When cells divide
For two independent daughter cells to emerge from a cell division, the membrane of the dividing cell must be severed. In the latest issue of Science, a team led by Daniel Gerlich, Professor at the Institute of Biochemistry at ETH Zurich, presents a model illustrating this last step in the division of human cells.
Before a cell divides, all the essential components, for example the genome, are duplicated. The DNA segregates to the two daughter cells by migrating along tube-like structures called microtubules. In the meantime, a contractile protein ring mediates progressive narrowing of a cleavage furrow. This finally leads to the formation of a thin intercellular canal, which is the only remaining connection between the daughter cells. At this stage, the microtubules along which the DNA previously migrated to the opposite poles of the cell, form a dense bundle within this intercellular canal. To complete the cell division, the microtubules must be disassembled and the cell membrane severed to form two independent daughter cells. A team led by Daniel Gerlich, Professor at the Institute of Biochemistry at ETH Zurich, and Thomas Müller-Reichert from Dresden University of Technology has researched this final step in cell division. What exactly happens when the cell membrane divides and the microtubules disassemble?
A challenge at small scales
Finding the answer to this question is not easy: the intercellular canal is a tiny structure with a diameter of only one thousandth of a millimeter. This and the fact that the intercellular canal disassembles during a short period of only five to ten minutes makes it difficult to study the underlying processes. The scientists led by Gerlich used a light microscope to observe living human cells in the late stage of cell division. The dismantling of the microtubules in the intercellular canal indicated that separation of the cells was about to occur. The researchers then immediately preserved the cells chemically and cut them into thin slices for high-resolution imaging using an electron microscope. By this "correlative imaging" approach, they discovered that the surface of the intercellular canal showed a regularly rippled structure.
Further studies using three-dimensional electron microscopy showed that the crinkled structure was made up of thread-like proteins (filaments) that constricted the intercellular bridge in a spiral arrangement. This has a certain similarity with the protein ring that increasingly narrows down the cleavage furrow at an earlier stage in cell division. Therefore the scientists speculated that these filaments, which they had newly discovered, could exert a force on the intercellular canal that could constrict and ultimately sever the membrane.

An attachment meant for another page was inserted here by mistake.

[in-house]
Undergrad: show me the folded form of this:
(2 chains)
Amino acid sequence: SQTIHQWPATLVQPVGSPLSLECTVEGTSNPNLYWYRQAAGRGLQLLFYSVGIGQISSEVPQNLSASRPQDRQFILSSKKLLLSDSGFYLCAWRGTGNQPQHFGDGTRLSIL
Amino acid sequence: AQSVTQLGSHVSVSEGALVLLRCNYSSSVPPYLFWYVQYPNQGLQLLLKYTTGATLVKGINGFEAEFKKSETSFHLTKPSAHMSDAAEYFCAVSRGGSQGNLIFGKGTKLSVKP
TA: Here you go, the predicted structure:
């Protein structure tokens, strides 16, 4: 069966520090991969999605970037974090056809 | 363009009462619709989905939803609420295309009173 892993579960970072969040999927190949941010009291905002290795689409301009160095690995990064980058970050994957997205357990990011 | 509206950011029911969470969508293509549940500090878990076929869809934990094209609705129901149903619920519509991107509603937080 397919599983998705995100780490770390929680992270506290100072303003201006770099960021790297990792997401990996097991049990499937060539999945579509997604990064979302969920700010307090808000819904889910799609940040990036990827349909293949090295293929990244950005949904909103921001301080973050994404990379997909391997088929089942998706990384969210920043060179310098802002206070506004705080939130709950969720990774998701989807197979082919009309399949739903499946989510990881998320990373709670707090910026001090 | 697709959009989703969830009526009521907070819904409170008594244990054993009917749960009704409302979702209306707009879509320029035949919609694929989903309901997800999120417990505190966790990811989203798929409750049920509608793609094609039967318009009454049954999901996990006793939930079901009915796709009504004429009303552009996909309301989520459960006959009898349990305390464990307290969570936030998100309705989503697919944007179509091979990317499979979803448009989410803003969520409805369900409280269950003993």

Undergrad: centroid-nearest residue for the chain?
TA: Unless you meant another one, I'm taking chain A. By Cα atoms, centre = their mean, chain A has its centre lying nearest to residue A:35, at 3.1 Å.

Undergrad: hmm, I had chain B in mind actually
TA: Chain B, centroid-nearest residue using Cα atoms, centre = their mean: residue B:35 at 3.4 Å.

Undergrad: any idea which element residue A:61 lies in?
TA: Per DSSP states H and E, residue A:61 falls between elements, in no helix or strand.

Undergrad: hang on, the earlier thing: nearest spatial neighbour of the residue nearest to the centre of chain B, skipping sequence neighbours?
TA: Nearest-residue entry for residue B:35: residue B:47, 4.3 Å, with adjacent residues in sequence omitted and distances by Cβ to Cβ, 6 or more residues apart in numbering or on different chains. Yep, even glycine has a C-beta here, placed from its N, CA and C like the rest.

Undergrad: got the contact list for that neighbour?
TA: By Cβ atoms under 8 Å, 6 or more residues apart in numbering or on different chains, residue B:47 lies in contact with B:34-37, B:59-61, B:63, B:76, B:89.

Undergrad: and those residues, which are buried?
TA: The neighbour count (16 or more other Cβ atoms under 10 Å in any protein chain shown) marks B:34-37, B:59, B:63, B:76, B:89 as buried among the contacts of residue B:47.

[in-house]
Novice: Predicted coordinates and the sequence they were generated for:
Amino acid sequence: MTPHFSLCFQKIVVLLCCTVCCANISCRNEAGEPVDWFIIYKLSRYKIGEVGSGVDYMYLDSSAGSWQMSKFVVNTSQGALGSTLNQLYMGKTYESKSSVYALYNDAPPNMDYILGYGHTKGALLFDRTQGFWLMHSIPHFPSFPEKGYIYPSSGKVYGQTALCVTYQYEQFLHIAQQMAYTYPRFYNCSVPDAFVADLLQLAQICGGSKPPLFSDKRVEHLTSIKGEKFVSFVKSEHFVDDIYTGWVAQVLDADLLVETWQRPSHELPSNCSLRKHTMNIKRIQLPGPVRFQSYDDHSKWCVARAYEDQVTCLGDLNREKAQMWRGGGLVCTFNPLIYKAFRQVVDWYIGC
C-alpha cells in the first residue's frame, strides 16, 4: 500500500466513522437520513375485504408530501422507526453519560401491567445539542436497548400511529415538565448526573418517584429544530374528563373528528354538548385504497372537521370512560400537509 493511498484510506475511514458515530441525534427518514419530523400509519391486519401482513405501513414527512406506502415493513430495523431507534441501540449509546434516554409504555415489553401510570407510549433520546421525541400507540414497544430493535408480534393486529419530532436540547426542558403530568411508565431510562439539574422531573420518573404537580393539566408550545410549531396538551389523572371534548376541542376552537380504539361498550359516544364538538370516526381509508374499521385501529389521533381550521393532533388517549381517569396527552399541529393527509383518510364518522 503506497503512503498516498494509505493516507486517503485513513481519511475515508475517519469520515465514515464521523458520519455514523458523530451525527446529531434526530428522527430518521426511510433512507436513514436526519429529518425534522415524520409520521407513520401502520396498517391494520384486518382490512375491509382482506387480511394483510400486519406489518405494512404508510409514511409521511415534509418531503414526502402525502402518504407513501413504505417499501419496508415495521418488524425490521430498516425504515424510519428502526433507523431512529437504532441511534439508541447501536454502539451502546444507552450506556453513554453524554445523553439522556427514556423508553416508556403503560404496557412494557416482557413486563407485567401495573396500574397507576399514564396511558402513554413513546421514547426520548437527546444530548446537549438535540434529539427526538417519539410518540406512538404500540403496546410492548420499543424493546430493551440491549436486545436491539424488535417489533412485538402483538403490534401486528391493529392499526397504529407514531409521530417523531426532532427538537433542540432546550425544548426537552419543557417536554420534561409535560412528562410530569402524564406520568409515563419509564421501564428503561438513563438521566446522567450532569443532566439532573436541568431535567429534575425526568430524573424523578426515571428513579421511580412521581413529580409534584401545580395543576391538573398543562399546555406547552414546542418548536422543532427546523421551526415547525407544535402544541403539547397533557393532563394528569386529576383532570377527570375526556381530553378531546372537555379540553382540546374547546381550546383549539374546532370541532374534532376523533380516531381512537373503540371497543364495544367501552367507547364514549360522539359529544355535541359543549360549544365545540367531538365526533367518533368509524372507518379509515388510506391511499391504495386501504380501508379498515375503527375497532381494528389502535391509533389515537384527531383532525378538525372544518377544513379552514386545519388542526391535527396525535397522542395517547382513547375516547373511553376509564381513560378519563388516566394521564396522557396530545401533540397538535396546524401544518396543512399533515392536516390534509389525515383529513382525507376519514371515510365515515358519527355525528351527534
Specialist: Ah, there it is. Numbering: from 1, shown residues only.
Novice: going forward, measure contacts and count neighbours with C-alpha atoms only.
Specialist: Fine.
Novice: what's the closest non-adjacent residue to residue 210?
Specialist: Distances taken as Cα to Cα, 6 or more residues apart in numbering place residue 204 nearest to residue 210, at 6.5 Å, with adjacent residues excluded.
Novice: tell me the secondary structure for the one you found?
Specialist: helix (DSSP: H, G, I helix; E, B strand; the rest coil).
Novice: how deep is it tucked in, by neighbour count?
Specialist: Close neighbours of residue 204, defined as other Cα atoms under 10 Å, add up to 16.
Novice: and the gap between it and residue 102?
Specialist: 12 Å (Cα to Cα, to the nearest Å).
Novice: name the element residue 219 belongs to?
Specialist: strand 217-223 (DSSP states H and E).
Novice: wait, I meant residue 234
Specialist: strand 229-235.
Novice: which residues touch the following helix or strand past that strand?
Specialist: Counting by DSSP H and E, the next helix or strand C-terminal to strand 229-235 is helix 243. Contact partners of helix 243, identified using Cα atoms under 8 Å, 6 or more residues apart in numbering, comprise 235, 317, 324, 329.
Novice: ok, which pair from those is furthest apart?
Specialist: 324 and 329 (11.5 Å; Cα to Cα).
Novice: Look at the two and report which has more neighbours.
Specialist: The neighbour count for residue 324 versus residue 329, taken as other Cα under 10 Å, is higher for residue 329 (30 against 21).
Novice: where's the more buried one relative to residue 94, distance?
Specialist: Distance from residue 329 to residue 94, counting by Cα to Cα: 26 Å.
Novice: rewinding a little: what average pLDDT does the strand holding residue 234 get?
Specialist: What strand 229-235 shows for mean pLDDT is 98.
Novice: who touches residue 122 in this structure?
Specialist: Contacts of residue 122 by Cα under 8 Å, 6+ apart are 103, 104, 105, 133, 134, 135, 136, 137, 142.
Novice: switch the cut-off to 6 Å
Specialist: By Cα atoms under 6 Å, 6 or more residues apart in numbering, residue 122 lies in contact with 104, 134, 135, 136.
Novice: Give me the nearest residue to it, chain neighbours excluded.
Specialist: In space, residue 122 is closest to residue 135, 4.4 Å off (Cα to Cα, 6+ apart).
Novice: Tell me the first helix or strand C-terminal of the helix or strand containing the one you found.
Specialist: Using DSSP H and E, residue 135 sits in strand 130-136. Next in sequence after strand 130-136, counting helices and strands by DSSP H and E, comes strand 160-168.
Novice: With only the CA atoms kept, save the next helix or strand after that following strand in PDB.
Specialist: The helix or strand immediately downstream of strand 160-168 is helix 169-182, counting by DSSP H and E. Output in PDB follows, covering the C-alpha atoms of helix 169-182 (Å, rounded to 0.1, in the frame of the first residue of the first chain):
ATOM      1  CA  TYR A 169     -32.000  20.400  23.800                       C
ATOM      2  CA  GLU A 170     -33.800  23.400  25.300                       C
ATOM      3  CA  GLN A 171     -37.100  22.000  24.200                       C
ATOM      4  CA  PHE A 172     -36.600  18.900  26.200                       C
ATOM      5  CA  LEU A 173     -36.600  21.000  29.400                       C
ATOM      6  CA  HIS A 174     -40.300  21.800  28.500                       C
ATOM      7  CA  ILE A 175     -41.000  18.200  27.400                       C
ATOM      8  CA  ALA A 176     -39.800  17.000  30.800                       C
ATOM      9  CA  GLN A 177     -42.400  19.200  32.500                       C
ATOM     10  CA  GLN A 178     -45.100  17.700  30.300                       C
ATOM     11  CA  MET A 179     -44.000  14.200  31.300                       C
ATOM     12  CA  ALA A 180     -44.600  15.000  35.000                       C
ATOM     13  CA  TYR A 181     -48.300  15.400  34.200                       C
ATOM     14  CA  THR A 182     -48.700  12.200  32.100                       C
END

The missing link
Earlier studies had shown that the microtubules in the intercellular canal are disassembled by the enzyme spastin. However, the results of the research by Gerlich and Reichert indicated that the activity of spastin alone is insufficient to separate the daughter cells. Therefore the scientists speculated that the newly discovered protein filaments could be the missing link that is indispensable for the separation of the intercellular canal. They suspected that the newly discovered protein filaments might be constructed from the protein complex ESCRT III. ESCRT III is an enzyme that helps to pinch off membranes from the cell surface, e.g. when viruses exit from an infected cell. This property of ESCRT III renders it a possible candidate for helping to sever the connection between daughter cells. The scientists showed that ESCRT III does indeed accumulate in the intercellular bridge shortly before the membrane divides. If they removed ESCRT III, no filament spirals formed on the surface of the intercellular bridge, and the separation between the cells could not take place. Other studies had previously shown that under certain conditions, ESCRT III can indeed form long protein chains. Together, these observations suggest that the contractile structure at the intercellular bridge could consist of ESCRT III protein filaments.
Definitive proof that the newly discovered filaments are indeed made of ESCRT III, however, is still lacking. The mechanism by which the filaments constrict the intercellular bridge between the daughter cells and cut the membranes apart also remains unclear. Gerlich says, We are excited to address these important questions. Through their research results, the scientists led by Gerlich and Reichert have developed a new and convincing model for the severing of the connection between daughter cells: An ESCRT III-mediated constriction of the intracellular canal and simultaneous disassembly of microtubules inside by spastin lead to the formation of two independent daughter cells.